How a Michigan State University journalism class published multi-platform book on bullying
Give the students credit.
They were handed an ambitious goal and, when I lost my nerve and pulled the plug on their journalism project, "The New Bullying," they plugged it back in and made it work.
The advanced reporting class at Michigan State University's School of Journalism is expected to go in-depth and produce multimedia content for the Web. A topic emerged in December 2011, when Michigan became the 48th state to adopt an anti-bullying law for schools. The law set a six-month deadline for public districts to adopt or update their policies.
When the class met on Jan. 9, 17 juniors and seniors were asked whether they had ever published a book. None had.
The challenge was to build a website about bullying and turn that into a book. The book was to be available in print and digital forms, and we had to complete it before classes ended in April.
Of course, we had help. My former Detroit Free Press colleague David Crumm and his business partner, John Hile, run a small, forward-thinking publishing company called David Crumm Media, LLC. The duo, who publish books and the online magazine ReadtheSpirit.com, offered to take us on as an experiment.
Our learning objectives were to assess what readers wanted to know about bullying, fulfill that with multimedia content, and publish it on a variety of platforms. I have learned through a couple books that I published with Crumm and Hile that people expect websites to be free but will pay for books -- even when they share the same content.
How we found our focus
The class met Monday and Wednesday mornings, with a lab on Monday nights. On our first day, we brainstormed bullying on sticky notes, grouped our words and phrases and voted. Hile visited our class and put our ideas through the keyword analysis tool Market Samurai.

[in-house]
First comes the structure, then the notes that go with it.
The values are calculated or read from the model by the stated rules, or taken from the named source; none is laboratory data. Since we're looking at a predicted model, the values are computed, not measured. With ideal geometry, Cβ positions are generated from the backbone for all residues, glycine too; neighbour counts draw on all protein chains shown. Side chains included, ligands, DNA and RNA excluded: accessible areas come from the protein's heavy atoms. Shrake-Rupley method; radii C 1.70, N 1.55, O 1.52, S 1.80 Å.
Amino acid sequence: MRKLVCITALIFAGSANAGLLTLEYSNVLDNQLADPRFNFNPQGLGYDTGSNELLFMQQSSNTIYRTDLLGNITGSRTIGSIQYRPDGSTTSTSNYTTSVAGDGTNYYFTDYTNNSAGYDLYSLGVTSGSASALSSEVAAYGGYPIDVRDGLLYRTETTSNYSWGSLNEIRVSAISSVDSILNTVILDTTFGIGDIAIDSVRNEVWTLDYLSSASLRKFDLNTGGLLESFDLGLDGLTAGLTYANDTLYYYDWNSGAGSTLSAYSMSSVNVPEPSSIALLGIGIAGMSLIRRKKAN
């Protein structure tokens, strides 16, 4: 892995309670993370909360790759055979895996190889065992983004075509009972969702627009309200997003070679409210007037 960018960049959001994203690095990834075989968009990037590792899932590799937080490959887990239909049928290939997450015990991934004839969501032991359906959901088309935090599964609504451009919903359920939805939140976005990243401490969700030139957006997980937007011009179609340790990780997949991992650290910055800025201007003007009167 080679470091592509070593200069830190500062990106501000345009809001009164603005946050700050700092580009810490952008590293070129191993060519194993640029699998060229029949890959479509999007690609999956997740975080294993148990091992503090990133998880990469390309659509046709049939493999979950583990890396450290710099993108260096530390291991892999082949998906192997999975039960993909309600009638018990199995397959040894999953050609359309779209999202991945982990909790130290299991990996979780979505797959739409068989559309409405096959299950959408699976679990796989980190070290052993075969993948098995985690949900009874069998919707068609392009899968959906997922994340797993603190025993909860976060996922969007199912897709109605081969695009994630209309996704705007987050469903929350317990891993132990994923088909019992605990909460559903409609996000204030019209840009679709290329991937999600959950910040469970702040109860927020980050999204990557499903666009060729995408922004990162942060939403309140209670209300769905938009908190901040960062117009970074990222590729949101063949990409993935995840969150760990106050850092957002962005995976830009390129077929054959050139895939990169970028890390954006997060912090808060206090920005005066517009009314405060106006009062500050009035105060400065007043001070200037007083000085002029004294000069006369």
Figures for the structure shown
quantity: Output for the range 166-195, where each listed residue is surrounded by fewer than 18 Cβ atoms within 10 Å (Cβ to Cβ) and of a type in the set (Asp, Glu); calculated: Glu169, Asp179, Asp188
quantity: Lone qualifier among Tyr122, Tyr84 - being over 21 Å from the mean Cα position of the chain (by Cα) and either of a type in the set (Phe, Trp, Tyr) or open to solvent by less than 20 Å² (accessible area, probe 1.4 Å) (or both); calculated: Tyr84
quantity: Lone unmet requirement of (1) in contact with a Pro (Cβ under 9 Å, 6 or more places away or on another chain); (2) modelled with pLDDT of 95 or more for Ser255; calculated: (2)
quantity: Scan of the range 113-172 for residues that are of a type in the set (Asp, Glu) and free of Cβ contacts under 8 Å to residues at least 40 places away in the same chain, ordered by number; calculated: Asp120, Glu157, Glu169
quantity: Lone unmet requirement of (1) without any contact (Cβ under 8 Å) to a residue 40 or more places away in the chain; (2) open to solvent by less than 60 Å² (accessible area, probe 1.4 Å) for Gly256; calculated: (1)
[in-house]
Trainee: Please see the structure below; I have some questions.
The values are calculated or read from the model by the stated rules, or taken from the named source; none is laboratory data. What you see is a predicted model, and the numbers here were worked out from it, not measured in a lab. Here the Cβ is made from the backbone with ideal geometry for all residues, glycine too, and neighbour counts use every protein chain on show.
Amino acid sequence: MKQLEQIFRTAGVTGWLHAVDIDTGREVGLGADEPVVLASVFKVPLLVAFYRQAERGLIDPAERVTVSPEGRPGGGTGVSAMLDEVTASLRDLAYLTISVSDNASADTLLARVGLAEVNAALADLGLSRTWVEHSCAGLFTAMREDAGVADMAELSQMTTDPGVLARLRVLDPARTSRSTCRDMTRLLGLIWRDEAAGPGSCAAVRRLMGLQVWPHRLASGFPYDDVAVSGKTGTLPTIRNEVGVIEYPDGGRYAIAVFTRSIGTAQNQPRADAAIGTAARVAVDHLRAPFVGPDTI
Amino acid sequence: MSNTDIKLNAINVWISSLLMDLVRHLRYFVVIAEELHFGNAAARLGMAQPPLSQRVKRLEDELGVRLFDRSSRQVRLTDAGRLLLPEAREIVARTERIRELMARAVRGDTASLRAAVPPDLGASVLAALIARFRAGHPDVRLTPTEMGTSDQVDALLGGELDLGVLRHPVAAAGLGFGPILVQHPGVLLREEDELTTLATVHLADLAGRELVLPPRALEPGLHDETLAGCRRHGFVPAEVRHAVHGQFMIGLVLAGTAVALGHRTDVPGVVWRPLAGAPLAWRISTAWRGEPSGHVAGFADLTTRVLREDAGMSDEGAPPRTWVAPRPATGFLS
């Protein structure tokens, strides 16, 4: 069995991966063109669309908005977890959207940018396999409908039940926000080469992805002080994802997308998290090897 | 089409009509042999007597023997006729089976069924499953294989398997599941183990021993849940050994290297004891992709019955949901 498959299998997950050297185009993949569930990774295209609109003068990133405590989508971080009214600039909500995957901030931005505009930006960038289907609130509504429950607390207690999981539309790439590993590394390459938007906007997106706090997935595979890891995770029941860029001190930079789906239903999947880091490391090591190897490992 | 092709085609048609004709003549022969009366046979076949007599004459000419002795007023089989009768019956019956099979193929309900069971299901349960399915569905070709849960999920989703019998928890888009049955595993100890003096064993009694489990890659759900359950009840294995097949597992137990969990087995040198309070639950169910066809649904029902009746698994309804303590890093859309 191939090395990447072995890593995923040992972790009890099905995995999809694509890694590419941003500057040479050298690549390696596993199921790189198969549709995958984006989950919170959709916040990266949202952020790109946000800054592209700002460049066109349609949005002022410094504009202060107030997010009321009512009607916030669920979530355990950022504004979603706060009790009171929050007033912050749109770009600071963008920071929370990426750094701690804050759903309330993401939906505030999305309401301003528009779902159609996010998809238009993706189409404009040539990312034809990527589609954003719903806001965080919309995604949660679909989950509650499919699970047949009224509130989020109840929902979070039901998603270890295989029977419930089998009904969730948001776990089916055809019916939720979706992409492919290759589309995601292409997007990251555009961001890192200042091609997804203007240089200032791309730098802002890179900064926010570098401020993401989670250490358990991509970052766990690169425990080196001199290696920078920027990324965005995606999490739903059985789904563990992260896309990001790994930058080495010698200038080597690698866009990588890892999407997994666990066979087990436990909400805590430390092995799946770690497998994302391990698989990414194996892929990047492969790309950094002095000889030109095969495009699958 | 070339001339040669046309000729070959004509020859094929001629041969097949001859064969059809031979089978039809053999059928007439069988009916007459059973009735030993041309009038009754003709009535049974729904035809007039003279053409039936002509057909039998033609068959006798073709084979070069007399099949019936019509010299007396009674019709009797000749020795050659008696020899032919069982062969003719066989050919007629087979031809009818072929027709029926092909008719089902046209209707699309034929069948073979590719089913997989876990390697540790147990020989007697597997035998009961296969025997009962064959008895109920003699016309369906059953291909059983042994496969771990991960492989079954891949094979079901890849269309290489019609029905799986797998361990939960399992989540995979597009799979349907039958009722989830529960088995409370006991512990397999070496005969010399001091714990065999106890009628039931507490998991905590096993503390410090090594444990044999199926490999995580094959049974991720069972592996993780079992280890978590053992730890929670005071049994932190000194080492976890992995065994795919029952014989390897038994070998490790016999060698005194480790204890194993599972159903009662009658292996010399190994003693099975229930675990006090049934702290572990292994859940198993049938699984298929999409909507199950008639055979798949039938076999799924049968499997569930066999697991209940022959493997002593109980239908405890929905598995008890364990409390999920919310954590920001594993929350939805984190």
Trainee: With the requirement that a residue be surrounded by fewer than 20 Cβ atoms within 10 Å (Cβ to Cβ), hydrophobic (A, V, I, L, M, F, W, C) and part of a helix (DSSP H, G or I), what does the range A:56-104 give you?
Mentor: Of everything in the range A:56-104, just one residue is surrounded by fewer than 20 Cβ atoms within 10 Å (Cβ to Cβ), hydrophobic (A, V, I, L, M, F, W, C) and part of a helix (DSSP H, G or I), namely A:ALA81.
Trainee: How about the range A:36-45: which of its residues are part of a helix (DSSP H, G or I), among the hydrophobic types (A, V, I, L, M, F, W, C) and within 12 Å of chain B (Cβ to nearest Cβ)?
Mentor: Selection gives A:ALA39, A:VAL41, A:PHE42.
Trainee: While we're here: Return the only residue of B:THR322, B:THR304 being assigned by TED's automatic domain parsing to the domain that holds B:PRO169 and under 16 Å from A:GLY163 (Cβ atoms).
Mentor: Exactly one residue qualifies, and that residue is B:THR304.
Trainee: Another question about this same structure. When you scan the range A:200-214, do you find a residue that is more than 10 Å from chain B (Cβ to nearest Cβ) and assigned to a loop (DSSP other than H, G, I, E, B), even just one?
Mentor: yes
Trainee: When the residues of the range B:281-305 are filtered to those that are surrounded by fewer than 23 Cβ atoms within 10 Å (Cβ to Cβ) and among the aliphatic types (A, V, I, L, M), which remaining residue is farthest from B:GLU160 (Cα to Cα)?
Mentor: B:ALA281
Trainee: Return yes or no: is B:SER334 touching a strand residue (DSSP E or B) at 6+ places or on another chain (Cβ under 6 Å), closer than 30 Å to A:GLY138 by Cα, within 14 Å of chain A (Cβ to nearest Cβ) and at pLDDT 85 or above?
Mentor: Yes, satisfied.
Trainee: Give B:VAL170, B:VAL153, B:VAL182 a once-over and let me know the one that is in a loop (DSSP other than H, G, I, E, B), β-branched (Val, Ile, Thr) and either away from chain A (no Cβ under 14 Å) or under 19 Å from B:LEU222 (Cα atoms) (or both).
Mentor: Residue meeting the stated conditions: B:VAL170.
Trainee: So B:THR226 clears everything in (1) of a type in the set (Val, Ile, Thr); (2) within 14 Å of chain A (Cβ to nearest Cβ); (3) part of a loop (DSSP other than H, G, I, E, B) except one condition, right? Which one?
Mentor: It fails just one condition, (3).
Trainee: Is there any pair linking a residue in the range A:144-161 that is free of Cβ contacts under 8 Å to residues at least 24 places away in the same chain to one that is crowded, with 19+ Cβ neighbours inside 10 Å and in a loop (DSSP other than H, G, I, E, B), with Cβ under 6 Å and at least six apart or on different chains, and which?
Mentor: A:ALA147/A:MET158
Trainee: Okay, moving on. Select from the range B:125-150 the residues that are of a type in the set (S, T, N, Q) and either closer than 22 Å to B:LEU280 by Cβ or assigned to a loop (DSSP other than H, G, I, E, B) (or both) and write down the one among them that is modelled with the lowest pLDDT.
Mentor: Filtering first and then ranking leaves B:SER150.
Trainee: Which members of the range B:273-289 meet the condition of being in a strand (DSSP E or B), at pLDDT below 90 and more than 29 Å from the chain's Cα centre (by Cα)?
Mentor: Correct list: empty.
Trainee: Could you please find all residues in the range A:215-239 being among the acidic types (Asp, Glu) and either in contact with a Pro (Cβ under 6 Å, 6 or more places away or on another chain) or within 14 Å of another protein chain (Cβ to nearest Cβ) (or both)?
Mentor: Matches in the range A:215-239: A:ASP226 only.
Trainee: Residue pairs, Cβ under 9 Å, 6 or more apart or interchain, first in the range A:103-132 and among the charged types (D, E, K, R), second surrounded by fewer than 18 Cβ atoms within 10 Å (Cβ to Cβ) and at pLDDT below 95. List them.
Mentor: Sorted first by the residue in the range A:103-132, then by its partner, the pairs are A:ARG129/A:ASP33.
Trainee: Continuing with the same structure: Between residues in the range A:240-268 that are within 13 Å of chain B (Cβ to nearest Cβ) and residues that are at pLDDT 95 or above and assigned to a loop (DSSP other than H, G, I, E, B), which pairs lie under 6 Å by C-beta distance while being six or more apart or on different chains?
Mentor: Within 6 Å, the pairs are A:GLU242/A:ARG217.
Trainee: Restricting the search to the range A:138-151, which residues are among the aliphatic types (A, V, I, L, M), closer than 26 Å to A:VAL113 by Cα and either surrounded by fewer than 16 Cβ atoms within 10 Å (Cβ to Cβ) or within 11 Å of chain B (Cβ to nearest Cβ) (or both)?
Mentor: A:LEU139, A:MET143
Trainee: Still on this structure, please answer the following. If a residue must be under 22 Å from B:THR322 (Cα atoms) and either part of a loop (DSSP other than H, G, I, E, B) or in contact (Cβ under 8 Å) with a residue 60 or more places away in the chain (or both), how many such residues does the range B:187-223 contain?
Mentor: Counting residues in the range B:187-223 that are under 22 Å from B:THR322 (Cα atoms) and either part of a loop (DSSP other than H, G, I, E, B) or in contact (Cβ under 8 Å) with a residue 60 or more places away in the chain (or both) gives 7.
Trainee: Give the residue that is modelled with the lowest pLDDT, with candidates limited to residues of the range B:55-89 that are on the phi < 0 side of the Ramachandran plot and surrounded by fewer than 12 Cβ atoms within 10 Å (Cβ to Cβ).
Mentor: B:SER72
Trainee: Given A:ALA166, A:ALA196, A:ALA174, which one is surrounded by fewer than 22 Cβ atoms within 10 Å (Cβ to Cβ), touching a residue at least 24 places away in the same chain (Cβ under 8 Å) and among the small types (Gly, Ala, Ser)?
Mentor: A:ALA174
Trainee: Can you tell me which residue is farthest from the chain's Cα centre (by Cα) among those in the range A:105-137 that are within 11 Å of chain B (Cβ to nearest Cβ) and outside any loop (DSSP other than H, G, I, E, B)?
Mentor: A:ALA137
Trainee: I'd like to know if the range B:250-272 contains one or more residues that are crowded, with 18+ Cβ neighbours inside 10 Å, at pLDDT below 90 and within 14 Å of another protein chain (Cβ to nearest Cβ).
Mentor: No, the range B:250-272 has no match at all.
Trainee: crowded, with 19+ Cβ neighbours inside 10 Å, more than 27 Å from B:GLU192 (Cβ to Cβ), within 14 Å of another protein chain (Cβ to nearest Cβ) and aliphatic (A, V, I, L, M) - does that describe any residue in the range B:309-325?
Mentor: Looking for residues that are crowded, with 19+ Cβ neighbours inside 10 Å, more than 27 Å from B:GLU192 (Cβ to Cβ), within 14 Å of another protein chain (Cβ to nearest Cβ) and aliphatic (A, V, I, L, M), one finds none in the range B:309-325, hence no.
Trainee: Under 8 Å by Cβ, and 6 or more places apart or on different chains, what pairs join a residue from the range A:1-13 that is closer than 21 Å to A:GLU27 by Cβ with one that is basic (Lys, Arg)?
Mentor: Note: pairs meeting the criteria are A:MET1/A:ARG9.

This showed us terms that were getting hits on Google, but that there weren't many results for. These would be our sweet spots. We were initially going to focus on those words and phrases -- which would have made for a boring project -- but we caught a break.
One of our guest speakers had a schedule conflict and asked if he could come in sooner than the date we had picked. The speaker was Kevin Epling, a national anti-bullying activist whose son Matt had taken his own life after having been bullied. Michigan's new law is known as "Matt's Law." Epling is founder and co-director of Bully Police USA. He and his wife, Tammy, both came to our class.
They said it took a long time to pass Michigan's anti-bullying law because many adults do not understand how bullying has changed; it is not the bullying they experienced as kids. This gave us our journalistic angle -- to find out how bullying had changed. We began calling the project "The New Bullying."
The keyword story assignments were trashed and, at Hile's direction, we built eight entry pages that we hoped would come up high in searches on phrases like "bullying statistics," "hazing definition" and "social exclusion." Those pages are on the site, but they are not near the top. Their sole job is to attract readers, provide them with some quick answers and link to the journalism on the site.